Anyway, this is what the chassis looks like in the flat; note that it is a fold up design – this is inspired by the Mousa Models chassis, so a pinched idea!
And this is what it looks like with the basic folds made up. What it achieves is really neat, as it is instantly sufficiently stiff to work as a chassis; by the time a couple of further cross braces have been installed the basic chassis is more than robust enough for its life.
My design uses the same slide in hornblocks as utilised by Comet and Brassmasters for their chassis. After a tiny bit of practise, it is possible to size the hole for the hornguides such that these are just too small when etched. This means that with a few strokes of a light cut file on each side, the hornblock becomes a tight sliding fit. Once all of the hornblocks are in, it is then possible to measure the distance between each on both sides of the chassis and also on the corresponding coupling rod. This is done with digital callipers and by the expediency of measuring the distance at its maximum with the callipers facing outwards and then repeating with them facing inwards the average being the actual distance between the centres. I reckon to be able to measure down to 2 or 3 hundredths of a mm, which is rather better than I can build to! Where there are inconsistences, this is dealt with by a few more strokes of the file on the side which needs to be adjusted to change the centre. This needs to be done anyway to turn the tight sliding fit to a snug but smooth fit for the hornblocks to work properly soif the centre does not need to be changed, the file strokes are undertaken equally on both sides of the hornguides.
This does need to be done after the coupling rods have been formed, of which we will see in the next posting. However, the chassis is also designed with a keeper plate to accommodate all of the cosmetic springing to the model and the ashpan sides. This is secured with a series of 12BA screws to enable it to be removed to allow the wheels/axles to be dropped out. A great boon as the model is built and painted.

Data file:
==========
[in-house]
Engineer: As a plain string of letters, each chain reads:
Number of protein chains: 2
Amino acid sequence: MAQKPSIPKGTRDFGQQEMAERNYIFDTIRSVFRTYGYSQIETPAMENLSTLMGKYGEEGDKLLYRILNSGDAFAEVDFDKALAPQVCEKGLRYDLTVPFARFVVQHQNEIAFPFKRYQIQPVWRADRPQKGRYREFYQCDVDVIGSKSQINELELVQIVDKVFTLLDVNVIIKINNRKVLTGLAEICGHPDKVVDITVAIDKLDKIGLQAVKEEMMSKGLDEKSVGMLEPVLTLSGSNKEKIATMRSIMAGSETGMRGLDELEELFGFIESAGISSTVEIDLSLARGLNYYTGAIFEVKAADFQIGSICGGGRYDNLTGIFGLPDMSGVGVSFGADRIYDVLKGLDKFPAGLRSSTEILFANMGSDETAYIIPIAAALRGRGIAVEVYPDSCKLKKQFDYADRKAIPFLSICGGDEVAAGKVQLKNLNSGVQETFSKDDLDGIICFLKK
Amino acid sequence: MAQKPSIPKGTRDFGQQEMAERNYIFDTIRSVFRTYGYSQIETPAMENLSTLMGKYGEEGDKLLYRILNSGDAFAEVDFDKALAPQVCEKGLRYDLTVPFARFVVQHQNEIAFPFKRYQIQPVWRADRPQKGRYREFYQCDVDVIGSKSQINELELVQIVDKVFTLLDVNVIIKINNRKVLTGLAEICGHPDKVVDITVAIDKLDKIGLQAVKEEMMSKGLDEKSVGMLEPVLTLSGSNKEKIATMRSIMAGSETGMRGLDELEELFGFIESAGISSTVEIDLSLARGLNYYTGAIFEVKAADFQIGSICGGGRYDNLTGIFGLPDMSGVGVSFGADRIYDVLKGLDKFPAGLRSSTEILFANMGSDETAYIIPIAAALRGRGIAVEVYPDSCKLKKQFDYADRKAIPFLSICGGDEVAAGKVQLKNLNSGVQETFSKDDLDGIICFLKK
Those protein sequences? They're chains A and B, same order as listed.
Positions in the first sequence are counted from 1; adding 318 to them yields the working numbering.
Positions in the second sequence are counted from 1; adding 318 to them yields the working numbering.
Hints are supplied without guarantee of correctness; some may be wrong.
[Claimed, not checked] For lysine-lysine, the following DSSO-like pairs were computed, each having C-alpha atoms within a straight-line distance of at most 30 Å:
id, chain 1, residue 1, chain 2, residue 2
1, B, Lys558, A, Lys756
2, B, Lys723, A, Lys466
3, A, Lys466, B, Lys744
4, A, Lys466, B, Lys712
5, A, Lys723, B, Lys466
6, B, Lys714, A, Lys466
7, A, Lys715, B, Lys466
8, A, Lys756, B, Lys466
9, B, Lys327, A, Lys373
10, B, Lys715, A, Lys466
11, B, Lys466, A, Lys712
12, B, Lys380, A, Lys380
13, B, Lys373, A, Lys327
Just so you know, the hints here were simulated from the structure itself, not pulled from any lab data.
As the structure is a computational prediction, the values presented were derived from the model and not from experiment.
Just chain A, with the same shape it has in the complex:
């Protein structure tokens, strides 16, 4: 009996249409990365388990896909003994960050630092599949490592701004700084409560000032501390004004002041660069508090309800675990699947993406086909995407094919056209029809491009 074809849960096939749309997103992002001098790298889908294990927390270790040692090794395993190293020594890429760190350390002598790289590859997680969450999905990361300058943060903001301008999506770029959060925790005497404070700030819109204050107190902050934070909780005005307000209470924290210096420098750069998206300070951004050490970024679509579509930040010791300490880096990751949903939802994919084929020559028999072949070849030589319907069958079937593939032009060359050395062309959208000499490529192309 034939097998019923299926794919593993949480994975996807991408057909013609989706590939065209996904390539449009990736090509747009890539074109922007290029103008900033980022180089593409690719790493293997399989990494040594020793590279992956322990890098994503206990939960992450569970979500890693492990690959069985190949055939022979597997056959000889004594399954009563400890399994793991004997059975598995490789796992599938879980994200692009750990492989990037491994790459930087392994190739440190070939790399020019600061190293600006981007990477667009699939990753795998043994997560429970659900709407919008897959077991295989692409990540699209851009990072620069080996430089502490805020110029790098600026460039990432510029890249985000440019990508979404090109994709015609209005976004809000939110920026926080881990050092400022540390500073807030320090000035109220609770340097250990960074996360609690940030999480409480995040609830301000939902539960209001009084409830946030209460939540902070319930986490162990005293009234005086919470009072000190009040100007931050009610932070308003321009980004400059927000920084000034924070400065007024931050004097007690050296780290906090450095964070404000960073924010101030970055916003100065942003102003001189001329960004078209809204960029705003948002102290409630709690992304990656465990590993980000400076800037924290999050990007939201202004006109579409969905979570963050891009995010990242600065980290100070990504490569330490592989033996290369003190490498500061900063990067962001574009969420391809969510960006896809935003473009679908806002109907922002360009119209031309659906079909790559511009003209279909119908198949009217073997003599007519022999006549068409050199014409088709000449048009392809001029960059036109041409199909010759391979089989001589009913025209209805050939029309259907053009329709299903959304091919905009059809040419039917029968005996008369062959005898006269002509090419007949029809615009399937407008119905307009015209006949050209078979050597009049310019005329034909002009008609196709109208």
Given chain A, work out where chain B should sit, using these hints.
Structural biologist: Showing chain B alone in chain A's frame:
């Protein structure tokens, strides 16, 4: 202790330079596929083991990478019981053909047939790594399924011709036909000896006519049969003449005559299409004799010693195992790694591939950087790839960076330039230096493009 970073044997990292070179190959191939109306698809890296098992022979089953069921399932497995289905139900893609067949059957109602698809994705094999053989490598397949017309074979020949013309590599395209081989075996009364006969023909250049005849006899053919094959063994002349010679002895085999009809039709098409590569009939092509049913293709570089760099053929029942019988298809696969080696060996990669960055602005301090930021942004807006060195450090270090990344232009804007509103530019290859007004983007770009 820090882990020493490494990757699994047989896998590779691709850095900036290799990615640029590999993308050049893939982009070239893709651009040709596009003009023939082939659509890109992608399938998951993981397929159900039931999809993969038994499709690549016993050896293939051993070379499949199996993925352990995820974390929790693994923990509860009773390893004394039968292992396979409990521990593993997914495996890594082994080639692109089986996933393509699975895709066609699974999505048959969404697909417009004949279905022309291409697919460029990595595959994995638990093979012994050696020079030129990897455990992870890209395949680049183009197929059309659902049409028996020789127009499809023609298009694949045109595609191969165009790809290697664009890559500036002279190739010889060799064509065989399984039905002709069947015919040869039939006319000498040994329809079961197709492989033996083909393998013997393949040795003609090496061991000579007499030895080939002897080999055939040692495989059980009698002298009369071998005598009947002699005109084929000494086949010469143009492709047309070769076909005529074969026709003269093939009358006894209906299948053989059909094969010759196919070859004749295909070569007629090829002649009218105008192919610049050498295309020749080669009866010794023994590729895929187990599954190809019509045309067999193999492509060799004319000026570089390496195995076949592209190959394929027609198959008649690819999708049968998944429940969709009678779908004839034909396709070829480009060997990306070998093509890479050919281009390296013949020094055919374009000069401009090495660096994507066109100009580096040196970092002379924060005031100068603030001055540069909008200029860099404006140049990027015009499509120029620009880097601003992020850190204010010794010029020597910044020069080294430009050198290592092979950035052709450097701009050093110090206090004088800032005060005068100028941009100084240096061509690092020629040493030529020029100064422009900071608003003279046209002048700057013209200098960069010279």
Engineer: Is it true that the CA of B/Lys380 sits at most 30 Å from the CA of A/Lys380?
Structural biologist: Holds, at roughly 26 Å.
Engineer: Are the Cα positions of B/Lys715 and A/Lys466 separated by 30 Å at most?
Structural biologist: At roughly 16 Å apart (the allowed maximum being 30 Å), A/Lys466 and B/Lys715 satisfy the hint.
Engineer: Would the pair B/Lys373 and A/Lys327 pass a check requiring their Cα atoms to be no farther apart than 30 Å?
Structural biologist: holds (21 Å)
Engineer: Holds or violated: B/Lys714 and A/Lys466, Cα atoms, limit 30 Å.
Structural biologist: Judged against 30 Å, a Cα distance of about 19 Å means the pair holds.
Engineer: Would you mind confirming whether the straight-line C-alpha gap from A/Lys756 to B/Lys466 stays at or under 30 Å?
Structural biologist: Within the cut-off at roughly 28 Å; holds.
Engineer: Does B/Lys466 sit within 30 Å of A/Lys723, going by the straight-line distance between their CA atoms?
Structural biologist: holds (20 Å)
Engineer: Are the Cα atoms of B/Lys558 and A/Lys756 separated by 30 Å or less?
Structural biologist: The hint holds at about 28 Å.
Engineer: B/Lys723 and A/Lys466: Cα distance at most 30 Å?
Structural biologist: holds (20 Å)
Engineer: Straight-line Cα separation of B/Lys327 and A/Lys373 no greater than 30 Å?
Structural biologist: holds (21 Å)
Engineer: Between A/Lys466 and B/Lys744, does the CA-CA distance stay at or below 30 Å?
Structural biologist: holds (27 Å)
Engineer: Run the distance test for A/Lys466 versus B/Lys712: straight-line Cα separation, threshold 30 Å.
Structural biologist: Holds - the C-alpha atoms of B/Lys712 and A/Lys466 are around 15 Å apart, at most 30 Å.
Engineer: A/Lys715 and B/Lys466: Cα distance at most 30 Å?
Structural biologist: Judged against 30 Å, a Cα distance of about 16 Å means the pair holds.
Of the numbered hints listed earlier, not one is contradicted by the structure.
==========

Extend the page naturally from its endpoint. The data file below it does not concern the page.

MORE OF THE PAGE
To make the assembly of this element easier (in fact in this case a lot easier!) I have created a jig that holds the two layers of the laminate in exactly the right position. The jig is chunky enough to avoid distortion as it is folded up and it locates the parts perfectly. In this particular case, the soldering needs to be done with care as there are folds to make after the jig is cut away and it is important not to fill this with solder before hand.
And this is what the keeper plate looks like – it is pretty delicate until it is mounted but fine thereafter.
And the two components assembled look like this. The beginnings of the cylinders are also visible, this is a slide in module that can be removed for assembly and painting (although the scrap tanks were painted fairly simply, so this is not really relevant on this model).
Over the break, I have been concentrating on trying to finish things. Like many people, I find it much easier to start a kit or project than it is to get it fully finished. Indeed, do we every truly finish our models – certainly not our layouts!
Back in March 2013, I completed a dia 39 goods break. These were the final Highland Railway break vans and it is not clear that they were actually finished prior to the end of the HR era. Given that I model in the mid 1920’s, I am quite content to do this in LMS grey which to date I have not seen the model depicted in! The main body painting has been completed and the van has been lettered but weathering, the interior and final detailing/glazing is still to be completed. Based on the Lochgorm Models kit with minimal adjustments (a few pipes below the chassis and sprung W irons in lieu of the compensation provided in the kit) this is what it presently looks like:
Also coming through the paint shops are a pair of vans. The first is a Great Central van build from a Mousa Models etched brass kit and the other is a LMS early standard van from an injection plastic moulded kit from Cambrian Models. Both are pretty simple models to build; the Mousa Models one was built as designed and no adjustments were found to be necessary. I only fitted springing to the Cambrian one and got rid of the rather too thick W irons in the process. Again the bulk of the painting is complete, but some dirtying work is definitely still required.
Apologies for the slightly squiffy photos; I left it a bit late in the day to take them and the light was poor. I have made a lot of progress painting the NER hoppers, but the photos of these really did not make it and need to be repeated. Something to post tomorrow I suspect!